The Public Paperfolding History Project

Index Page

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Money Folding / Dollar Bill Folding
 
Thids page attempts to collect together what is known about the history Money Folding, the folding of paper money.

The folding of paper money can be divided into three categories, magical effects which revolve around the value of the money being folded, designs which just make use of the shape of paper money as a useful starting point, and designs which make use of parts of the pictures or lettering, or both, printed on paper money to create a specific effect within the design.

I have not, at present, differentiated these three types of money folding on this page, not have I differentiated between the use of various currencies as folding material.

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1930s

'The Best of Origami: New Models by Contemporary Folders' by Samuel Randlett, which was published by E P Dutton in New York in 1963 and by Faber and Faber Ltd in London in 1964 contains a Preface by Martin Gardner which says:

I have not been able to independently verify this information or identify the design in question.

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1940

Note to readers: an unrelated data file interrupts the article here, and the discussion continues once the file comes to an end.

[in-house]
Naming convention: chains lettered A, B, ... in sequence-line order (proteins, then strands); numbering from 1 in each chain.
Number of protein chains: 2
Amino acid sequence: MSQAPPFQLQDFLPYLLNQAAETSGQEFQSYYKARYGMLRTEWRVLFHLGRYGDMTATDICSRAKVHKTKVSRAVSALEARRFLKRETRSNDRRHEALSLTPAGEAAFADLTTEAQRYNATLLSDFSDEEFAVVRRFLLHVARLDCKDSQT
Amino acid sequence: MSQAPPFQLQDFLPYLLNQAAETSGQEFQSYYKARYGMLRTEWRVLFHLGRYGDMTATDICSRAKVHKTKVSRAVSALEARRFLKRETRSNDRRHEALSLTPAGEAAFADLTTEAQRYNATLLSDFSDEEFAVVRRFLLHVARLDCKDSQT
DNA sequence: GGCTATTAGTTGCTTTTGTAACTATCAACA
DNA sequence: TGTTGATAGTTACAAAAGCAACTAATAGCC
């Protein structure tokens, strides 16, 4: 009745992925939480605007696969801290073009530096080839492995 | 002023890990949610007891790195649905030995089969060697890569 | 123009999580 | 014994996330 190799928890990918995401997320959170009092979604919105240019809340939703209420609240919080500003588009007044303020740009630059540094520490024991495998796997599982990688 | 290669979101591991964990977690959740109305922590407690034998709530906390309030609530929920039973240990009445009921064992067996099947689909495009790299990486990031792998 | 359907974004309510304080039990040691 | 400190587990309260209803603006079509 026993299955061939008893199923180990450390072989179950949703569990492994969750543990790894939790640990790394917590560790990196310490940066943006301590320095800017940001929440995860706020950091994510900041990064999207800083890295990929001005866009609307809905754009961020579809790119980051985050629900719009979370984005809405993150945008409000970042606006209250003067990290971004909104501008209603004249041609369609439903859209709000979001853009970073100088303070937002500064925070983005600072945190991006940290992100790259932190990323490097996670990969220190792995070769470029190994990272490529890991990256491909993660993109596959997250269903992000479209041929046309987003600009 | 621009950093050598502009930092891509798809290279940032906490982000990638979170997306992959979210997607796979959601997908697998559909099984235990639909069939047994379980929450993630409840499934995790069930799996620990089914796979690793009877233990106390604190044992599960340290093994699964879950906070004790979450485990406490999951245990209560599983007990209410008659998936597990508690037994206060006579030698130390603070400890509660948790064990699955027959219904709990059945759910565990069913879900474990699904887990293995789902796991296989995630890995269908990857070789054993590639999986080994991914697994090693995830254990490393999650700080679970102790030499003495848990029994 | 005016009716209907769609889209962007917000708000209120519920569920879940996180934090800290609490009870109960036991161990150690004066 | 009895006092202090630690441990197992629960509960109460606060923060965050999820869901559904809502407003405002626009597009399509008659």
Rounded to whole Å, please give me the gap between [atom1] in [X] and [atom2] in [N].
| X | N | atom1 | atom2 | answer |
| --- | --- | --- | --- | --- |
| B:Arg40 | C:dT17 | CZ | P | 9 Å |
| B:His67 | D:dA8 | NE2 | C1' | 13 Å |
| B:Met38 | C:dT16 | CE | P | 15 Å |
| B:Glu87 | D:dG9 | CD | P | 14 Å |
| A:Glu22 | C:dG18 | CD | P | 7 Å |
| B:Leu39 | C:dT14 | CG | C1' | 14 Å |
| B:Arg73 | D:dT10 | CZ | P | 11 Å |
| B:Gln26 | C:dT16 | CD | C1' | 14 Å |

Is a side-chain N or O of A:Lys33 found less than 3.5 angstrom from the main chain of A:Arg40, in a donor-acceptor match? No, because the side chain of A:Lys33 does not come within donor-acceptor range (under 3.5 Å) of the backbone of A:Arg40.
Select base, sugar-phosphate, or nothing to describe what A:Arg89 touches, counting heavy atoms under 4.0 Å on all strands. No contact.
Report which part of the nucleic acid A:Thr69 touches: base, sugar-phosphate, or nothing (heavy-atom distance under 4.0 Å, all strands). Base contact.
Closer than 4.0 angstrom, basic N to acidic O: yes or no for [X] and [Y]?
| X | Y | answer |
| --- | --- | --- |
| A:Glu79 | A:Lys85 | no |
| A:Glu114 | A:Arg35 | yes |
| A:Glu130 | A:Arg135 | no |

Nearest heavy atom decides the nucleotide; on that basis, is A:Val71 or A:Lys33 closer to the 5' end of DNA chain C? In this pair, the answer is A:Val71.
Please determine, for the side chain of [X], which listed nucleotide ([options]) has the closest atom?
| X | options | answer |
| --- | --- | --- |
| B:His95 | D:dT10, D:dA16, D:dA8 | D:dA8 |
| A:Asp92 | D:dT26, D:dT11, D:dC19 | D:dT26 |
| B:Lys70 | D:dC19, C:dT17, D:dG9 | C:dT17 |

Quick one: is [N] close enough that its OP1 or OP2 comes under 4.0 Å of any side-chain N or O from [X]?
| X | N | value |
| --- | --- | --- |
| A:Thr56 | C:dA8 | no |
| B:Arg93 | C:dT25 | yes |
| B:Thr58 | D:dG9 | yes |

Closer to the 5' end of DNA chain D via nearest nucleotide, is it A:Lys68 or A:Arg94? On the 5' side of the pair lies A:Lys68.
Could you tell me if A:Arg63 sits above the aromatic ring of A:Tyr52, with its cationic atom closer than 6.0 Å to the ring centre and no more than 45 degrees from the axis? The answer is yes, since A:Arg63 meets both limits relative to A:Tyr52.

'Double Dollar', an effect by Jack Vosburgh in which a dollar bill is folded so that it looks like two bills, then actually becomes two, appeared in 'The Jinx' magazine, issue122, p711, in 1940. (Information from conjuringarchive.com)

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1941

'After the Dessert' by Martin Gardner, which was published by Max Holden in New York in 1941 contains a simple magical effect using a folded dollar bill.

The Curious Fold

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1940

Jinx Magic magazine no 106 contained an article by Mitchell Dyszel explaining how to fold a bow knot (ie the Lover's Knot) from a dollar bill with Washington's face in the knot. Information from Edwin Corrie.

See David Lister on The Origin Of Paper Money Folding quoting information in Gershon Legman's 'A Bibliography of Paperfolding'.

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1945

A leaflet called 'Bill Folds' by Al O'Hagan was issued by George Snyder's Magic Shop of Cleveland, Ohio in 1945.

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1949

Hugard's Magic Monthly for February 1949 contained an article about money folding by Martin Gardner explaining the Mazuma Fish, Mazuma Midget and Mazuma Mushroom folds. (Mazuma is US slang for money.)

David Lister twice referred to this article in 'The Origin Of Paper Money Folding', which can be found on the Lister List.

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'Over the Coffee Cups' by Martin Gardner was published by the Montandon Magic Co in 1949. It contains several dollar bill folding stunts / effects.

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1952

The bill folds 'Lotus and Bowtie' by Gershon Legman appeared in 'The Phoenix' issue 251 of p1003 (Information from conjuringarchive.com)

They same folds also appeared in 'The Best in Magic' by Bruce Elliott, published by Harper and Row in 1956. (Information from conjuringarchive.com)

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1956

'Paper Magic' by Robert Harbin, which was published by Oldbourne in London in 1956, contains eight designs intended to be folded from paper money and the information that: